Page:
Gamasutra is part of the Informa Tech Division of Informa PLC

This site is operated by a business or businesses owned by Informa PLC and all copyright resides with them. Informa PLC's registered office is 5 Howick Place, London SW1P 1WG. Registered in England and Wales. Number 8860726.

Gamasutra: The Art & Business of Making Gamesspacer
Marching To His Own Drummer: Masaya Matsuura's Thoughts
View All     RSS
May 21, 2019
arrowPress Releases
May 21, 2019
Games Press
View All     RSS

If you enjoy reading this site, you might also want to check out these UBM Tech sites:


Marching To His Own Drummer: Masaya Matsuura's Thoughts

March 6, 2009 Article Start Previous Page 2 of 5 Next

In the past you've said you're running up against some difficulty with limitations of the audio capabilities of systems, right? Even with Wii.

MM: That's true.

The iPhone has an accelerometer inside. You could actually do the same thing while you walk.

MM: Yeah, for that kind of reason we just started to investigate by checking out Japanese websites on iPhone development.

It feels like some of the action in Major Minor is somewhat similar to the action in Wii Music.

MM: I feel that that there's a big difference between that game and Guitar Hero, or ours. Because the Wii Remote is not the instrument, not an actual instrument -- of course the Guitar Hero guitar controller is not actually an instrument, but maybe players feel more like it's a musical instrument.

But the Wii remote and the nunchuck is not a musical instrument. I think maybe players feel more of an air guitar feeling. This difference is very big. I'm really interested in how the market will react to that kind of interaction.

DT: Regarding these things like Guitar Hero and also Wii Music, I think those games the goal is to feel like you're playing the music. That's not really the goal in Major Minor. It's more about the game experience; you just happen to be doing marching music at the same time. It's more of an action game, in that sense.

You made one iPod game [Musika, pictured], and now the iPhone is out. Have you thought about that yet?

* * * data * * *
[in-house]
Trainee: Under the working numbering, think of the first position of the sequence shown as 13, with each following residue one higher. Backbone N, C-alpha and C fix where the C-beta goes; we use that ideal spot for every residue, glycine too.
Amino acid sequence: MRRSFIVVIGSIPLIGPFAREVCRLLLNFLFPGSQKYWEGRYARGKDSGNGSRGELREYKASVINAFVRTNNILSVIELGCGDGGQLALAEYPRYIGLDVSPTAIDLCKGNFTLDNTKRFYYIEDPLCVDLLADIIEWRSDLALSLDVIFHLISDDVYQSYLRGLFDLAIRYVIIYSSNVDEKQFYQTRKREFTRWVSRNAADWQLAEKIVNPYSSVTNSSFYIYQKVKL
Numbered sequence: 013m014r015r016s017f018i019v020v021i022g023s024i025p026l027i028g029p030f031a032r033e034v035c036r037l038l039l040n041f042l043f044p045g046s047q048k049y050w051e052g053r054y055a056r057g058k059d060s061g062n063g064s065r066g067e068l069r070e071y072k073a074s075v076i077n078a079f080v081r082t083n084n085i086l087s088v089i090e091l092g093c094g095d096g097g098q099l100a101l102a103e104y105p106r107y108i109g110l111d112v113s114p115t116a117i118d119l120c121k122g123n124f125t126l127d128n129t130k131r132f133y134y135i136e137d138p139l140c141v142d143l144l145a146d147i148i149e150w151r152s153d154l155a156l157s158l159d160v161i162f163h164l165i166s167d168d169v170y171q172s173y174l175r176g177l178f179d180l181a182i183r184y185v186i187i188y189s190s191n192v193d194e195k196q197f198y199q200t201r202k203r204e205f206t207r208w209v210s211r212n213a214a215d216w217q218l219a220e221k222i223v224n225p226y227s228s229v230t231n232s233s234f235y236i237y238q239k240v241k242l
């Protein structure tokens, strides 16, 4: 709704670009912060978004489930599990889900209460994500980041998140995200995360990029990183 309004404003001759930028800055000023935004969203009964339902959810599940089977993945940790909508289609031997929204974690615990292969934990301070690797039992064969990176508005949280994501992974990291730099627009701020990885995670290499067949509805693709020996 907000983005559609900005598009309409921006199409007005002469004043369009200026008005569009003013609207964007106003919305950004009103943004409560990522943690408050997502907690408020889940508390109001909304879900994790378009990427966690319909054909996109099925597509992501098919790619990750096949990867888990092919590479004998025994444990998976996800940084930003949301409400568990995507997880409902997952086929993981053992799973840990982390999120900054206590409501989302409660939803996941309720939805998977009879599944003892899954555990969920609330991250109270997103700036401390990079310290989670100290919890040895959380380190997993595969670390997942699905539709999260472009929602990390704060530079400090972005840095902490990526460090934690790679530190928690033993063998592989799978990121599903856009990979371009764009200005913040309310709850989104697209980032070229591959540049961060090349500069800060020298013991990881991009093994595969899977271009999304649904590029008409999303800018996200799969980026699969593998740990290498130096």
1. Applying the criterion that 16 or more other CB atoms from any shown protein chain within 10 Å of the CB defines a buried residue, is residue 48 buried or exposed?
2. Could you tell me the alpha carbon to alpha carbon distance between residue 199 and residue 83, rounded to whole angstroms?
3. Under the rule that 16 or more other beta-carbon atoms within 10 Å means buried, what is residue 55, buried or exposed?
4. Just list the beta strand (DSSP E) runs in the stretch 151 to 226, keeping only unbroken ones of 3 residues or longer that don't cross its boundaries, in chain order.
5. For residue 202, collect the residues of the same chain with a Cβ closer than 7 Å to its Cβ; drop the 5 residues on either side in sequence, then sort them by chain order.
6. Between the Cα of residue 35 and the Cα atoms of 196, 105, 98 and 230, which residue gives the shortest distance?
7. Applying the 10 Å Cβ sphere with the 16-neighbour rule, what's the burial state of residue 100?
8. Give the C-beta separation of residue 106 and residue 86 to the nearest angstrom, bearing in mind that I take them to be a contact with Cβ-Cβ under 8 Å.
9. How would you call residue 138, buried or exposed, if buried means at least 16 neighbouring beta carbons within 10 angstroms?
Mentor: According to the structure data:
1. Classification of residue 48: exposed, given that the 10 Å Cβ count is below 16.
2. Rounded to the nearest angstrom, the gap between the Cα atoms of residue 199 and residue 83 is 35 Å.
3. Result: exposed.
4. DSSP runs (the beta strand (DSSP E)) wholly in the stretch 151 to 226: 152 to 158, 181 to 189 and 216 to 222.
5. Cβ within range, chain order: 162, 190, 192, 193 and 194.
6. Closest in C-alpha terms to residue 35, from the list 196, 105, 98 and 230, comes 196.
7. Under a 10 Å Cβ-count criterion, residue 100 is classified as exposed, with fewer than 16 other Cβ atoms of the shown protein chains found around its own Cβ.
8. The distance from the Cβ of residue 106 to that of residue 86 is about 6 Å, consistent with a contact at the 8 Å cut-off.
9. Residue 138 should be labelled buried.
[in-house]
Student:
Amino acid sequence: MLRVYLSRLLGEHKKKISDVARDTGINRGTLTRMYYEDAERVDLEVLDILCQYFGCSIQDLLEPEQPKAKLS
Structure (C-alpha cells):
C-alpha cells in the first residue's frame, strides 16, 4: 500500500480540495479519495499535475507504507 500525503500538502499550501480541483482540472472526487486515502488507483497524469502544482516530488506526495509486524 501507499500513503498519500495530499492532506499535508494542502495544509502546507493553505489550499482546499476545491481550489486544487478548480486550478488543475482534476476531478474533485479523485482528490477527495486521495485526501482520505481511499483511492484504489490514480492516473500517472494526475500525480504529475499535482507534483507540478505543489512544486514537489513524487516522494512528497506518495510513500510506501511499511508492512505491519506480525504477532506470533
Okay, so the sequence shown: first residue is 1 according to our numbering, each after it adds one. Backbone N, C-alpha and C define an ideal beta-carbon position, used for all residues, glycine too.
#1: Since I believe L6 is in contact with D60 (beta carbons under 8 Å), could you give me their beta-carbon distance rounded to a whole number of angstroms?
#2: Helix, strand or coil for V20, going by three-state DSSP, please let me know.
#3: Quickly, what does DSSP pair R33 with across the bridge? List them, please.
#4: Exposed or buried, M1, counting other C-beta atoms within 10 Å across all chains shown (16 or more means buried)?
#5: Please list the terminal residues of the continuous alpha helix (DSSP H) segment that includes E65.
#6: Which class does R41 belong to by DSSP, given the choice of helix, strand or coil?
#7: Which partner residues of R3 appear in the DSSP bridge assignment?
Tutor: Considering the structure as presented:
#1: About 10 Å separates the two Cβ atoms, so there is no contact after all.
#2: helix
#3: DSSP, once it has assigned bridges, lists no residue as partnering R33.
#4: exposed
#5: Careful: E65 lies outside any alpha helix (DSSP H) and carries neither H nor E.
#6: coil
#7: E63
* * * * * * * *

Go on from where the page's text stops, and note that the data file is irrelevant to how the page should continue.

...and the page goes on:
MM: Ah, yes. Sometimes we're discussing the possibilities to make a game for iPhone. We set up a dev kit for iPhone recently, and Apple started to have Japanese support, which makes it easier for us.

Of course it's very hard to think about the business scheme. Many of the iPhone games are 99 cents, so it looks very hard... [laughs]

I think that some full games are more like $5, but yes, many are cheaper.

DT: It's just very important to follow the trends for the iPhone. Just in a few months, things have changed a lot. If you look at the top 25 now, many of the games are 99 cents or a little more.

MM: I feel a little different I guess, when you say that we don't need any publishers for iPhone. From my experience using the iTunes Store, I really think Apple was the publisher. But there's a new type of relationship with the publisher. So it looks like it's hard to say that Apple's simply a "publisher", but...

After hearing your DICE talk, I wondered if you plan on releasing any of your own music.

MM: Yeah, I'm writing some tracks for our new game and I will keep doing something by writing some music.

Because I was very happy to see you perform. I guess it's been a while...

MM: Yeah, I really feel like doing a performance sometimes, but I don't have so many chances to do that.

A lot of players would like to feel like they're giving a performance, or becoming a rock star. And since you've actually done all of that, it seems like you might really be able to give players that experience sometime. Have you thought about that much?

MM: That's something I think about in my games. It's really an important point in my games, all the time. I always try to make games so that everybody can experience of being a musician, for example.

The music experience is a very important human skill. I really want everybody to have that. But it's up to the customer and the player. I'm trying, and some people really feel like they can be a musician, sometimes, by playing my games. Some people don't feel like that, so it's very hard.

As a musician and a game developer both, how do you approach the conflict that sometimes surfaces between music and rhythm games? Some people might have gotten the impression, for example, that playing Rock Band is a substitute for learning to play a real instrument and experiencing music genuinely --  do you think this is a danger, in a way?

MM: It's very dangerous. It's a very tough mission for the musicians right now. Everybody has a much wider chance to interact with their favorite music -- much more than in the last ten or twenty years, or more.

Professional musicians have to make a much higher effort to listen to the audience. But not so many musicians can be successful with that kind of mission.

I really keep thinking about how the music should be independent from the interactive experience, like playing Guitar Hero. It's a totally opposite way to think about the music-based game. But it looks like a very, very difficult mission for me.

Article Start Previous Page 2 of 5 Next

Related Jobs

Sucker Punch Productions
Sucker Punch Productions — Bellevue, Washington, United States

QA Manager
Dream Harvest
Dream Harvest — Brighton, England, United Kingdom

Technical Game Designer
Deep Silver Volition
Deep Silver Volition — Champaign, Illinois, United States

System Designer (Player Progression)
Bohemia Interactive Simulations
Bohemia Interactive Simulations — Prague, Czech Republic

Lead Game Designer

Loading Comments

loader image